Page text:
I actually agree with the idea of a miserly safety net. I recall at least one state that decided to lessen its welfare program, but people decried it as leaving too many in poverty. What happened? Those previously on welfare went and got jobs and unemployment dropped. This is just one case though, I have no more data.

  9. Chris —

    Came here via your comment on this issue in Matt Yglesia’s thread. I appreciate your preference for reading and reflection prior to writing. Many of Yglesia’s contributors seemed to rush to condemn Murray’s speech without much familiarity as to what he said.

    The text of his 3/11/09 speech is here.

    I don’t see much compelling evidence that Murray’s opinions about the relatively greater happiness of “Americans” compared to “Europeans” is true. I do, however see a great deal of plain-spoken common sense.

    “The problem is this: Every time the government takes some of the trouble out of performing the functions of family, community, vocation, and faith, it also strips those institutions of some of their vitality–it drains some of the life from them. It’s inevitable.”

    What follows is exploration of related ideas, not visciousness.

    In the second half of his essay, Murray makes some forecasts about what science will uncover in the next decade or so. Prediction is difficult (especially about the future), but I’d put my money with his guesses, not against them.

    Too bad that a scholar like Murray can’t offer some of his reflections in public without being subjected to a Two Minutes Hate by a prominent blogger and his acolytes.

  10. Ben

    You know what else “drains life out of them [Americans]”? Working hard for a living a decent job, not being able to afford health coverage, and dieing of cancer because the system doesn’t want to give you an handout and turn you into a pussy. I think I’d take living over a “destroyed soul”.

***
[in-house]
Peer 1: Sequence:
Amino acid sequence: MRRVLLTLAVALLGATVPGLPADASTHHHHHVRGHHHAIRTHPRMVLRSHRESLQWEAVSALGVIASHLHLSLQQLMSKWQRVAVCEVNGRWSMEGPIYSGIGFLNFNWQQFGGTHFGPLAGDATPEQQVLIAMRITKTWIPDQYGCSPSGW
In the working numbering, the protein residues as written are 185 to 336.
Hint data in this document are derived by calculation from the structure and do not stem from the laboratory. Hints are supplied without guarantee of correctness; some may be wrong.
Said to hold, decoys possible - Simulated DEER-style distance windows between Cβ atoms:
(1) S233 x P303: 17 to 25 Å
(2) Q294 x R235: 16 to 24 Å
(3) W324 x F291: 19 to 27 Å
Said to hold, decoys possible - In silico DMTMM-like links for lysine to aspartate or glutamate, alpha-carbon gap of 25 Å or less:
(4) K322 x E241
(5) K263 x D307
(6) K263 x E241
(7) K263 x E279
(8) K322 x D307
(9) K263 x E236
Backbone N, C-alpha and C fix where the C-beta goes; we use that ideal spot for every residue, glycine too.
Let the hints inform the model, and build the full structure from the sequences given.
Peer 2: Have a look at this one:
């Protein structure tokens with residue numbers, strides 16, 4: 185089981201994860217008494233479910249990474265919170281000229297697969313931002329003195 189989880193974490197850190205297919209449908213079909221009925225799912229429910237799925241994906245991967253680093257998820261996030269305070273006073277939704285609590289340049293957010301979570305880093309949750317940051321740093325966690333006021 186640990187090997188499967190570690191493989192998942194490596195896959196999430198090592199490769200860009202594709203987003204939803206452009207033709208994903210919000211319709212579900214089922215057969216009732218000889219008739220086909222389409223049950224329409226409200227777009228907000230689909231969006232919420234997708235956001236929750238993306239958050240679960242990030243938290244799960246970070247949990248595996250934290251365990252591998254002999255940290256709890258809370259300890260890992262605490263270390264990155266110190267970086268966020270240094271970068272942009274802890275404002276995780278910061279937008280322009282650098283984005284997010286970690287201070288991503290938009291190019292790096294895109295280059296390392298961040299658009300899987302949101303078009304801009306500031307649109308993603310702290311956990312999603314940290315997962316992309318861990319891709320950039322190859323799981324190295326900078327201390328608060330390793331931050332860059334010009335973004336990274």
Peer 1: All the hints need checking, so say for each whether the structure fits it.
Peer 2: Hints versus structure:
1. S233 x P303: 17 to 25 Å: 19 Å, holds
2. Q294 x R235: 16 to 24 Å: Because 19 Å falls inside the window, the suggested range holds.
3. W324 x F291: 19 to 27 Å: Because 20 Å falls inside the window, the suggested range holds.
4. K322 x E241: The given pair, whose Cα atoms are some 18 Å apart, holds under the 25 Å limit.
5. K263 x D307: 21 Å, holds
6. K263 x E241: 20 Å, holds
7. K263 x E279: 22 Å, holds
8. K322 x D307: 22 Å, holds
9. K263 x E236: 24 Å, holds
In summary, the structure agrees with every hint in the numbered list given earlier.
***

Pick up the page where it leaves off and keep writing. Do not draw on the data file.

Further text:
11. Mark

    Give us some specifics Ben.

    What “decent job” are you talking about. How much is a decent living. Why can’t health coverage be had for a reasonable price?

    You sound just like my brother who is 37, and to this point in his life has never had a “real job”. He blames all of his problems on anybody but himself. Yet, he has siblings who all grew up with the same advantages and head starts in life, access to college education, and surprisingly, the rest of the family prospers just fine, making a living and enjoying freedom.

    And I know people, personally, who did not have the access to college, who graduated from unimpressive high schools, and live in really nice homes and drive nice cars.

    Ben, I suspect the position in life that you speak of is one that comes only through a lack of motivation and expecting for somebody to give you handouts.

  12. Mark

    One more thing…

    Ben said: “…because the system doesn’t want to give you an handout and turn you into a pussy.”